Fall 2009 (4541.763)
Complex Digital Systems for Software People
Instructors: Prof. Jihong Kim, Prof. Arvind
Prerequisites: Undergraduate courses in Computer Architecture and Object-Oriented Programming
Lectures/Tutorials: TR 10:30-11:45, Room 209-1@302-Dong
This is a lab-oriented course teaching new methodologies for designing multi-million-gate hardware designs using high-level synthesis tools. The emphasis will be aimed at quickly producing modular and robust designs; reusable modules; correctness by construction; architectural exploration and meeting performance constraints.
We will consider applications which are commonly found in modern Systems-on-Chip (SoCs). Examples of such designs range the gamut from general-purpose processors to specialized computation blocks such as radios (e.g. 802.11a/b/g) and video codecs (e.g. H.264) and network routing tools (e.g. IP lookup, packet sniffers).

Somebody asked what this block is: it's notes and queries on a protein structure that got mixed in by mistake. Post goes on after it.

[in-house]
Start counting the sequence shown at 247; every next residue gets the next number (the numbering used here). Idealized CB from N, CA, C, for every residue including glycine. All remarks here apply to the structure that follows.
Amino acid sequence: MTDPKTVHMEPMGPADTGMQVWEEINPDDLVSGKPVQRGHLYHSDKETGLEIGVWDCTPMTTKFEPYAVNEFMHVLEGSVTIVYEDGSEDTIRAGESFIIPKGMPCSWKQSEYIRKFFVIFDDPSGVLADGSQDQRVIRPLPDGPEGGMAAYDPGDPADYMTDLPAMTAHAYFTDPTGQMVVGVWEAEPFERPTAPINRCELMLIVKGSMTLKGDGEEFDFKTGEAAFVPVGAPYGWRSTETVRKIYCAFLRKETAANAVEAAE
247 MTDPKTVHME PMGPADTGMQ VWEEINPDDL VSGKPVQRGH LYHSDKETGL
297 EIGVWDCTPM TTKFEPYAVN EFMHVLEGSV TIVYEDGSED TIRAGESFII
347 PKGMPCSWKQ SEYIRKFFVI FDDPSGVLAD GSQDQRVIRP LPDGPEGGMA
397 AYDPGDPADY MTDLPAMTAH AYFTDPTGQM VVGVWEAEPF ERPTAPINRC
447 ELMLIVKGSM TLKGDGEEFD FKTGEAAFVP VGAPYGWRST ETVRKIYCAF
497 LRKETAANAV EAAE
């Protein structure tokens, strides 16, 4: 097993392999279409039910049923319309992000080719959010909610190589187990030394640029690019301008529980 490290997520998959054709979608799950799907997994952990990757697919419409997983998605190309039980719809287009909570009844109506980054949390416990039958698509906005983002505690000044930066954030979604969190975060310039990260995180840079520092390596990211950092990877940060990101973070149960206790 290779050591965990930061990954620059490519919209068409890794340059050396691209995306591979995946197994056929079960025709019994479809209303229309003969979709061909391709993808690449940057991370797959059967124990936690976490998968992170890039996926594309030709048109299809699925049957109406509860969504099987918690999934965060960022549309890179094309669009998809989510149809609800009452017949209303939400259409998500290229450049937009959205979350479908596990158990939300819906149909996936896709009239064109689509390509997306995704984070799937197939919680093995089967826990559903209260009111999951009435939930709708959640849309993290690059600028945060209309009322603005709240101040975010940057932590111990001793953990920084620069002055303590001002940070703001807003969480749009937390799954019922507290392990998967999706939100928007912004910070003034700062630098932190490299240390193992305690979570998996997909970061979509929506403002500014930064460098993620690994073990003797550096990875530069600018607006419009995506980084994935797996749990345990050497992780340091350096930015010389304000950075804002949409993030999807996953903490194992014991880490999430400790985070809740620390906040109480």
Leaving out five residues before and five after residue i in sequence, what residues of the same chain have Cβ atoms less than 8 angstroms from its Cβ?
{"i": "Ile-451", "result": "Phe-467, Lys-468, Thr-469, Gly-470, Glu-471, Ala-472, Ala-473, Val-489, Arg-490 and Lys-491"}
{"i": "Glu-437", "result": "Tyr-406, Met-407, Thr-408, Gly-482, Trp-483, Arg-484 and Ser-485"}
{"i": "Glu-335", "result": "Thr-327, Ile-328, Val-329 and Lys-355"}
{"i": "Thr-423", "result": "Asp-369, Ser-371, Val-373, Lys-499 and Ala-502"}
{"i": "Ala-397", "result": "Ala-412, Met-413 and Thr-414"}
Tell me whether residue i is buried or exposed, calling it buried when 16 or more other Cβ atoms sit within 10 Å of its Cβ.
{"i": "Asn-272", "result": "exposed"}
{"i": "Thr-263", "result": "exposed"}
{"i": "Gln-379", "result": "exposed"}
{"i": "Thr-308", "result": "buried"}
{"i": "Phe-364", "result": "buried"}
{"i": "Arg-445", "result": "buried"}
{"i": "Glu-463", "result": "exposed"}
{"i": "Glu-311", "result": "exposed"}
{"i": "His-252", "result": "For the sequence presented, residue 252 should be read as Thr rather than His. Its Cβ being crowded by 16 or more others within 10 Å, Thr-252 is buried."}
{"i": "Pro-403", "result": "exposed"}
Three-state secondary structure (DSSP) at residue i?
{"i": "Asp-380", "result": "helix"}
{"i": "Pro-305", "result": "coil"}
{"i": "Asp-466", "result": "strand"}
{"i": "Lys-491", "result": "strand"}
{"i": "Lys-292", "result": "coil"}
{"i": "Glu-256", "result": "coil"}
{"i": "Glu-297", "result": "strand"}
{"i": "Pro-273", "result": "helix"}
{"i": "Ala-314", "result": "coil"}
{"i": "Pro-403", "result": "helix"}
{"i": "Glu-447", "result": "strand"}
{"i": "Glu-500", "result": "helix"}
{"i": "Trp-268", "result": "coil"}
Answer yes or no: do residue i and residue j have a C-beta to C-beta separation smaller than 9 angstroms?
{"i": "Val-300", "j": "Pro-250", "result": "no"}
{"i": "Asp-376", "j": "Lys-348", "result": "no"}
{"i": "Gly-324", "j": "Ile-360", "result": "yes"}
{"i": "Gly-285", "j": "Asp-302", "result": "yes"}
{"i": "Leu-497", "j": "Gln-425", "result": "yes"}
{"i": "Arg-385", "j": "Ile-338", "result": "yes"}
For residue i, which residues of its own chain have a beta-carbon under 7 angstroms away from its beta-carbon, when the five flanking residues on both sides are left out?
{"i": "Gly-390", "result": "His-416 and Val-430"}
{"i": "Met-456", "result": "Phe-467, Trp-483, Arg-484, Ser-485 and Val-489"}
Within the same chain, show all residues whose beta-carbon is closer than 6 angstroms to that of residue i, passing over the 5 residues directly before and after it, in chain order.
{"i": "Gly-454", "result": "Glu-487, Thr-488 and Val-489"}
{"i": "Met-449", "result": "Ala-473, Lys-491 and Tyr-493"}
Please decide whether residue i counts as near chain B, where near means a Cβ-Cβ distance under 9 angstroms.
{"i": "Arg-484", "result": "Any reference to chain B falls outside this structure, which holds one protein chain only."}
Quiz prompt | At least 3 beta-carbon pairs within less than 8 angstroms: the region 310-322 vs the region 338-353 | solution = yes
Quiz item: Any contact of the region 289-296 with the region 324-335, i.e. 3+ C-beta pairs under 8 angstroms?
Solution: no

This course is an experiment to show that it is possible to design complex digital systems with a minimum understanding of circuit design provided that the tools and the surrounding infrastructure are properly set up. To illustrate this point, the goal of each lab will to produce a working FPGA design.
This course will consist of approximately 20 lectures with an additional 10 tutorials/lab sessions interspersed. In addition, students will be expected to devote 6-9 hours/week outside of the classroom to complete their homeworks and lab assignments. Much of the lab work will require direct use of an FPGA and will require physical lab access.
Tutorials and Lab Sessions will be conducted by the Teaching Assistants who will also be available to provide assistance to the class outside the classroom.